From the scene of Heidi Arnold's murder, Christopher Krumm drove two miles to the Casper College campus. He walked into his father's building carrying two knives and a high-powered, compound bow that was wrapped in a blanket. (A compound bow is one of those complicated-looking hunting bows that has pulleys.) Once inside the classroom, in front of six computer science students, Christopher, from a distance of four feet, shot an arrow into his father's head. James Krumm, with the arrow lodged in his skull, managed to get back on his feet. He wrestled with his son long enough to allow his students to get safely out of the room.

     Christopher finished his father off by stabbing him several times in the chest. When police officers burst into the classroom, the professor was dead, and his son, on the floor next to his father, was dying from self-inflicted stab wounds.

     Matt DiPinto, one of Christopher Krumm's neighbors in Vernon, Connecticut, said this to a reporter with the Hartford Courant, "He [Christopher] told me his dad gave him Asperger's Syndrome and that his dad should be castrated. I didn't know him that well, he just kind of said it out of nowhere, so that kind of threw me off a little." According to Christopher Krumm's uncle, when he last saw his nephew three years before the murders, he did not seem depressed or angry.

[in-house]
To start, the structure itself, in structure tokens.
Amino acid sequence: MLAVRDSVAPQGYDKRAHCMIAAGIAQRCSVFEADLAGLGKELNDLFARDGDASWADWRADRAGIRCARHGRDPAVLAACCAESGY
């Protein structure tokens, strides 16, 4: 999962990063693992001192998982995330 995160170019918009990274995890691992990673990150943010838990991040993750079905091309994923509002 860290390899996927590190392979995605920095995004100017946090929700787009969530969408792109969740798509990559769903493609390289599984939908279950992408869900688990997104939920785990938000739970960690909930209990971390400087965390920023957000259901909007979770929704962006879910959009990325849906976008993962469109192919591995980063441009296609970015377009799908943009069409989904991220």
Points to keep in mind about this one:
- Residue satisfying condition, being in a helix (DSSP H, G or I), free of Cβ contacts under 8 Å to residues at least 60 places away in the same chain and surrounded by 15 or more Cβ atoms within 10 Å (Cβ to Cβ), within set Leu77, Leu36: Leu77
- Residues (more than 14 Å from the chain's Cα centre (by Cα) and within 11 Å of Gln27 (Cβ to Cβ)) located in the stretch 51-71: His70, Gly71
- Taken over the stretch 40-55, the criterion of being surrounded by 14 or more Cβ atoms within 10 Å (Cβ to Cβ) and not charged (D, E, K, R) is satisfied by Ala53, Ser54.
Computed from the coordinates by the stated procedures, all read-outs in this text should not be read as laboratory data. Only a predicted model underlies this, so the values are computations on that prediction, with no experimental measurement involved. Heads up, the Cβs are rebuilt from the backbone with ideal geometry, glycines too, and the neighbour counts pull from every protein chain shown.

Wednesday, April 18, 2018

Thornton P. Knowles On The Mystery Of His Cat

When I look at my cat I often wonder if he can think, and if so, about what? What goes on inside the head of an animal? Can thinking even take place without language? For example, what does a cat think when he sees a Golden Retriever chase a stick into a lake? Does the cat think, How stupid is that? I can't imagine a life without thinking. For that reason, I choose to believe that my cat does think. Unfortunately, I think my cat doesn't think much of me.

Thornton P. Knowles

The Moore Catholic High School Coach-Student Sex Scandal

     Founded in 1962 by nuns, Moore Catholic High School, a 450-student institution located in the Bull's Head section of Staten Island, New York, is prestigious, and with its $10,000 a year tuition, not cheap.

     In December 2013, a person close to the school learned from the friends of a 16-year-old male student that the boy was involved in a sexual relationship with Moore's women's basketball coach, Megan Mahoney. A former basketball star at Staten Island's Wagner College, the 25-year-old was also a gym teacher and the school's assistant athletic director. The person who learned of the affair from the student's friends reported the allegation to the principal, Bob Manisero. Manisero, in turn, reported it to the athletic director, Richard Postiglione.